Christina Peck Does CMWC’s Part 2: The Dramatic Conclusion
Above: Christina, photo by Christopher Dilts
And we're back with the second of Christina's two guest blogs on the CWMC's. Last time, she showed us the photo goods from the pre-ride, this week she tells us about how it went down in the main race. (Spoiler Alert - she wins!!!!!)
Now back to Christina:
We arrived in Melbourne at 5am on Friday, in a chartered bus of 60 couriers after riding for 4 days from Sydney to the small town of Bega, about 400km south. Bikes had been stuffed to capacity in the lower compartment, and then some, to the point where we had to wait for another hour in order for the support car to return and shuttle the remaining wheels that could in no way be Jenga'ed on in. After the 8 hour trip, we stumbled groggily off the bus and started reassembling our bikes, collecting our bike bags, and trying to orient and route to our respective crashpads for some desperately needed sleep.
The 23rd Cycle Messenger World Championships. It's about the race, it's kind of about bragging rights, it's mostly about seeing the amazing community of messengers from all over the world, in one central place at least once a year. I always question whether I will be able to afford it, figure out the time off, and so on, but usually I have to make it a priority because I know it will be an unrivaled good time. This year's CMWC was in Melbourne, but I initially flew to Sydney and rode part of the way south for the pre-event. Rolling hills they told us, so 75% of the participants brought track bikes, myself included. It was tougher than I had thought with around 5600 meters of climbing. Yeah, the conversions got me too, but how ever calculated, it felt like a lot when trying to unfold my cramped joints from the tiny seat. We rolled to our Airbnb apartment in Collingwood where thankfully two buddies had already checked us in. We squeezed a few hours of sleep in, but still wanted to make the most of our Friday and I forced myself out of the very comfortable bed after 4 nights on the ground or upright. We had all forgot it was technically a holiday weekend, Good Friday and Easter, so while a lot of stores were shuttered, luckily the cafe below us was open with hot cross buns and coffee.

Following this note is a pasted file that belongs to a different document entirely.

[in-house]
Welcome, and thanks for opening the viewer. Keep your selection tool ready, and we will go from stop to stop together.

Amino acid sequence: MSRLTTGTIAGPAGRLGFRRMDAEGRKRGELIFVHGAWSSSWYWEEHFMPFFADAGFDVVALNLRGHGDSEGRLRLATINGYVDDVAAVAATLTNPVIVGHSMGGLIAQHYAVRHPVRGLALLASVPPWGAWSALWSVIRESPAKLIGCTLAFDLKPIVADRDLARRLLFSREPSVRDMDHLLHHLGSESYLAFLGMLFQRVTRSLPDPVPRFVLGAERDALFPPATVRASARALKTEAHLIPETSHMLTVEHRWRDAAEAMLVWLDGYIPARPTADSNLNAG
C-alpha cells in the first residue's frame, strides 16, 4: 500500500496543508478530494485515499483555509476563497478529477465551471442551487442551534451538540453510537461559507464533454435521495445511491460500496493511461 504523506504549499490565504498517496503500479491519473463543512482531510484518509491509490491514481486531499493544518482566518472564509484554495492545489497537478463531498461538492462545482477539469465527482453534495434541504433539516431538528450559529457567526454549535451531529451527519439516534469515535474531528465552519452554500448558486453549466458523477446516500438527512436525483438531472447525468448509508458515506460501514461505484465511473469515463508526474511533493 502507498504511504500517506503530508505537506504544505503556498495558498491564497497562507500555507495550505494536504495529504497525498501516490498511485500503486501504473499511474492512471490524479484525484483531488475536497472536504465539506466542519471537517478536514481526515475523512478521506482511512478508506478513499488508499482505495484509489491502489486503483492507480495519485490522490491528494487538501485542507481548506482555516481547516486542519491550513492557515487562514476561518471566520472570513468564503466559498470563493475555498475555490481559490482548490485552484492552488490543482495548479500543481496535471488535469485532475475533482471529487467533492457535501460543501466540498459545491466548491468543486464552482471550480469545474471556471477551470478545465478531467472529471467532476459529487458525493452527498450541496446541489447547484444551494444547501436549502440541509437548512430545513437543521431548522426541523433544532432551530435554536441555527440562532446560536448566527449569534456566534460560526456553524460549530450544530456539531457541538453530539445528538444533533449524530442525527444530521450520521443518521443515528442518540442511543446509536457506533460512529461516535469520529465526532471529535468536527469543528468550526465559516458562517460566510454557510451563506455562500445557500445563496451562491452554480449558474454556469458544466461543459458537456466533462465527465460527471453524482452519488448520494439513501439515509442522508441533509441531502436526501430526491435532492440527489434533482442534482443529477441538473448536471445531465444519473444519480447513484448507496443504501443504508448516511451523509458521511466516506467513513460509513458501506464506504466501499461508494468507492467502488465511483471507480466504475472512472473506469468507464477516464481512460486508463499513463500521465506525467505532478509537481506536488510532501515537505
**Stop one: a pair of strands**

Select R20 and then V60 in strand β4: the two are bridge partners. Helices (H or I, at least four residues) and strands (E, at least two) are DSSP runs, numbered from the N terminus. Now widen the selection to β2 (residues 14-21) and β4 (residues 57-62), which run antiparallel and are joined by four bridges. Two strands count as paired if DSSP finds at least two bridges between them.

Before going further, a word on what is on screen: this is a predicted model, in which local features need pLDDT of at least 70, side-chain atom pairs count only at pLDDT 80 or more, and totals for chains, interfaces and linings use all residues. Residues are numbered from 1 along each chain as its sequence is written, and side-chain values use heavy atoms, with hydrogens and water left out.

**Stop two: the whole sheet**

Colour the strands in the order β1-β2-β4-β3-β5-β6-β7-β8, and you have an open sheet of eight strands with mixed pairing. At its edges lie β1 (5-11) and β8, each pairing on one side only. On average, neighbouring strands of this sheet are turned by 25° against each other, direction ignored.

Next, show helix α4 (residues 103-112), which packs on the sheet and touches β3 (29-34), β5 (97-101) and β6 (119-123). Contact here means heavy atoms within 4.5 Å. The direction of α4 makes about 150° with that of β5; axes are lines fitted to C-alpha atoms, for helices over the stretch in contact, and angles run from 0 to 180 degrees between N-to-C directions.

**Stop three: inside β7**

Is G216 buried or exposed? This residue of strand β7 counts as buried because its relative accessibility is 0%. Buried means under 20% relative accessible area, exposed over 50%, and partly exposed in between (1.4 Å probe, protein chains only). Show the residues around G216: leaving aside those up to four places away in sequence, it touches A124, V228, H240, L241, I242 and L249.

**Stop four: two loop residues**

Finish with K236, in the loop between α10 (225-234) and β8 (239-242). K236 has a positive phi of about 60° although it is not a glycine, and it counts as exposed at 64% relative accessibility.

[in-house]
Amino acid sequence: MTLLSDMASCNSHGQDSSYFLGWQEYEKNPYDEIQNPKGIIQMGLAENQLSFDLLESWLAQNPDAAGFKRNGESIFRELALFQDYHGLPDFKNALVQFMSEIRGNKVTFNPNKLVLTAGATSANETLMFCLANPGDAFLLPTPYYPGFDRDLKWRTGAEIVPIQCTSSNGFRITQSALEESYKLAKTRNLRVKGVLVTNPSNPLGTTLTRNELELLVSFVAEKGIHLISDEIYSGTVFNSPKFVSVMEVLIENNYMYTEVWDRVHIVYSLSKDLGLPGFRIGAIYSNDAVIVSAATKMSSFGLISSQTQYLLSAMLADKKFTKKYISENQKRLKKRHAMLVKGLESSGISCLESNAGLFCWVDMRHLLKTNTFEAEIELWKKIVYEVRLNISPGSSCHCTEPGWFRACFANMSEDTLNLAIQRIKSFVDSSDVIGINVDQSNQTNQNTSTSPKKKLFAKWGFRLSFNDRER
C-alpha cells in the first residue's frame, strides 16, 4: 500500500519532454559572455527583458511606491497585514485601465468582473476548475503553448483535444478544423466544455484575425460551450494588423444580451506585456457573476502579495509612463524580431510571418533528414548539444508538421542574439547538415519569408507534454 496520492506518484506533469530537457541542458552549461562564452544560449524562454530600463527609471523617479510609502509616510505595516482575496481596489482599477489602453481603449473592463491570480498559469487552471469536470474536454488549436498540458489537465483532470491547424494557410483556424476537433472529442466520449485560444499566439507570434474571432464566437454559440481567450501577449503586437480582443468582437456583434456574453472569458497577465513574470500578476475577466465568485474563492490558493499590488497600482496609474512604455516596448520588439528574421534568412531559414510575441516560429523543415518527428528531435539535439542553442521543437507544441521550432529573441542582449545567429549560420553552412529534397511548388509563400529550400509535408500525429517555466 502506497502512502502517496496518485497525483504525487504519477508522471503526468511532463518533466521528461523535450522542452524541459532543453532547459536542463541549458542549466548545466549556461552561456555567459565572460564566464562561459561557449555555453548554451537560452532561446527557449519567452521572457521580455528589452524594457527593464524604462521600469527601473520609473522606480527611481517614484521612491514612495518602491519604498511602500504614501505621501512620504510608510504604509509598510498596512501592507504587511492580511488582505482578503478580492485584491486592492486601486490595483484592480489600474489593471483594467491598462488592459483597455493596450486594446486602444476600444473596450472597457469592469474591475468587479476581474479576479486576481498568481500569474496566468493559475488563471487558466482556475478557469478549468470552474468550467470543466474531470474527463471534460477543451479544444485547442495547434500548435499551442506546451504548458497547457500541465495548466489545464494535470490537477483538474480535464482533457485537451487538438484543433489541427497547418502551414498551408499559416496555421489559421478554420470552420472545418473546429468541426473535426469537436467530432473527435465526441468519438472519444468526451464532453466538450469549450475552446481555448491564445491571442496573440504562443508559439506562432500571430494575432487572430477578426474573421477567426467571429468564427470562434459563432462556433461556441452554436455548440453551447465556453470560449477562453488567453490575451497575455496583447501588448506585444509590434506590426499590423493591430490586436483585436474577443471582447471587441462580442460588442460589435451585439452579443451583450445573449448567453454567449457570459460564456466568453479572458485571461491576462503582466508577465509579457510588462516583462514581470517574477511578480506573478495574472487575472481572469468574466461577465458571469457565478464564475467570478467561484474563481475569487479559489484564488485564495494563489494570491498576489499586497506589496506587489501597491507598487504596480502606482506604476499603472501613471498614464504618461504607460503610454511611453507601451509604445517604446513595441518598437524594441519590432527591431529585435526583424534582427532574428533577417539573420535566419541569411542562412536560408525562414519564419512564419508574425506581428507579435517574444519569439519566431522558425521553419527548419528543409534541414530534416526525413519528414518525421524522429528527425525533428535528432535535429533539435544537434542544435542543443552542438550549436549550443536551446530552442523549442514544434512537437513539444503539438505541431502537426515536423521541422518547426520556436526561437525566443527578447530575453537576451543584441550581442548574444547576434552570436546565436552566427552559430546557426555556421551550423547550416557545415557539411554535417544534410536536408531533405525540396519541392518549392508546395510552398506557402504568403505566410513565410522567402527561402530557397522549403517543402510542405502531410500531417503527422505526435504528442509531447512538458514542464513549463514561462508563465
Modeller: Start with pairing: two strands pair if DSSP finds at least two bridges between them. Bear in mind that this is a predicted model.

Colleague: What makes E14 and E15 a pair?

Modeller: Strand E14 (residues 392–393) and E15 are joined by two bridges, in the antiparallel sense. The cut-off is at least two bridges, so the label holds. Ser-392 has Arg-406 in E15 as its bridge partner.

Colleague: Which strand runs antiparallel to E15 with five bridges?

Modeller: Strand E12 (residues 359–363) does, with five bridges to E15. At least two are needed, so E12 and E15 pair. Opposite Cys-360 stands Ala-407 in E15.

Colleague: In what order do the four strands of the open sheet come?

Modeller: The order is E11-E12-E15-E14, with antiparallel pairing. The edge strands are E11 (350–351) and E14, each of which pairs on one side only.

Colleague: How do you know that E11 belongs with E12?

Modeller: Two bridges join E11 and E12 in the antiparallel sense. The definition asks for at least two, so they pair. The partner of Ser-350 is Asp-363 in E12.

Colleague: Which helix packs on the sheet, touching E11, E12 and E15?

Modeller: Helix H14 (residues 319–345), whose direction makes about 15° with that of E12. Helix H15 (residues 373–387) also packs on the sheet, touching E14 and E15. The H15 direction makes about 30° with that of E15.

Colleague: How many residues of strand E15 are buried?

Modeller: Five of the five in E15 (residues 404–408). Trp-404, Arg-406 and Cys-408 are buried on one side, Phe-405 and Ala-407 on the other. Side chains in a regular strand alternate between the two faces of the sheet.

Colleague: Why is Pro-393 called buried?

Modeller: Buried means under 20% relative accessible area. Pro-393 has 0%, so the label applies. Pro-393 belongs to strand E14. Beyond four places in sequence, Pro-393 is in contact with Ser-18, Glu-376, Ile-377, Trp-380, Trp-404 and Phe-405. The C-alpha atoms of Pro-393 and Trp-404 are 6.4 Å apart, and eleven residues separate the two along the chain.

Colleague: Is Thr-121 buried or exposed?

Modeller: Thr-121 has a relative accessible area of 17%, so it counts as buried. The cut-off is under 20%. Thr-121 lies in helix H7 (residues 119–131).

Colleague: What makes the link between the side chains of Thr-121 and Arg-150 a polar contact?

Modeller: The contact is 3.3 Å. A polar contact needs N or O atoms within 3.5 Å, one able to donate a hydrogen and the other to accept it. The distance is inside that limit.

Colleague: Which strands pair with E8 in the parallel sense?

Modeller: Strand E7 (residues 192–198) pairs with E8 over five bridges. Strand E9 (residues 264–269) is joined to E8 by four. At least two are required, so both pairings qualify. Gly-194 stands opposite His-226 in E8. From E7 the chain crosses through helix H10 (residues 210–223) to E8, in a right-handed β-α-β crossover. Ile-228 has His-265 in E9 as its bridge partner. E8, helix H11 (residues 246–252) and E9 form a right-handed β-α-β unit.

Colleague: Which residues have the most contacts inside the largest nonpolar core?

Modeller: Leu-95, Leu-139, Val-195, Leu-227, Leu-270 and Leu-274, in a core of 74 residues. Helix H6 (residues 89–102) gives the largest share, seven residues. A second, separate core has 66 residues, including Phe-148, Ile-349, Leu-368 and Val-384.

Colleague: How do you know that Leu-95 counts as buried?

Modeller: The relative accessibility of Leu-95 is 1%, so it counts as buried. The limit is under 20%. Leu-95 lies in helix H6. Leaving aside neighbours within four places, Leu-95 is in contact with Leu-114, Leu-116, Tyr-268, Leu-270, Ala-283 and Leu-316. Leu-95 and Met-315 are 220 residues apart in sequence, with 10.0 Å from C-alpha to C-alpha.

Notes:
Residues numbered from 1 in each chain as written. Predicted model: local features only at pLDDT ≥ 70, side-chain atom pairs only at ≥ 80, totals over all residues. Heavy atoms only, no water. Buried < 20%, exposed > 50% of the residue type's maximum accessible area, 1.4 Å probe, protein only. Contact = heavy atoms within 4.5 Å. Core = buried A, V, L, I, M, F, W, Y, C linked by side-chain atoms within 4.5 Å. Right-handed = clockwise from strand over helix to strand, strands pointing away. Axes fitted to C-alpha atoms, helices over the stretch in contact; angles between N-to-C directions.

Coffee. Ask most people in Australia and even they will tell you it's weird. A short black, a flat white, what? When you utter, “Can't I just get an Americano?” you realize how annoying and US-centric that sounds. But, really, can I just have a little cream and a tiny more hot water? And don't order the $5 iced coffee either or you'll receive a milkshake-like concoction, or at least something with whipped cream on top. One of the most interesting parts of these events (for me) is when I suddenly reckon with cultural norms that I never even thought to question until faced with the dissimilarities while immersed somewhere else. Or moreso, when you realize that you and your norms are outliers to everyone else, all the Canadian and European and Japanese attendees (like you know, the metric system or health care). Alcohol is outrageously expensive in Australia, French Fries are chips, chips are chips, but crackers are biscuits, Vegemite is way too salty, it was Fall in April, and I was introduced to a sport I know affectionately as footy, that I never even knew existed. And in Australia I probably incurred the least culture shock of any other CMWCs I have attended.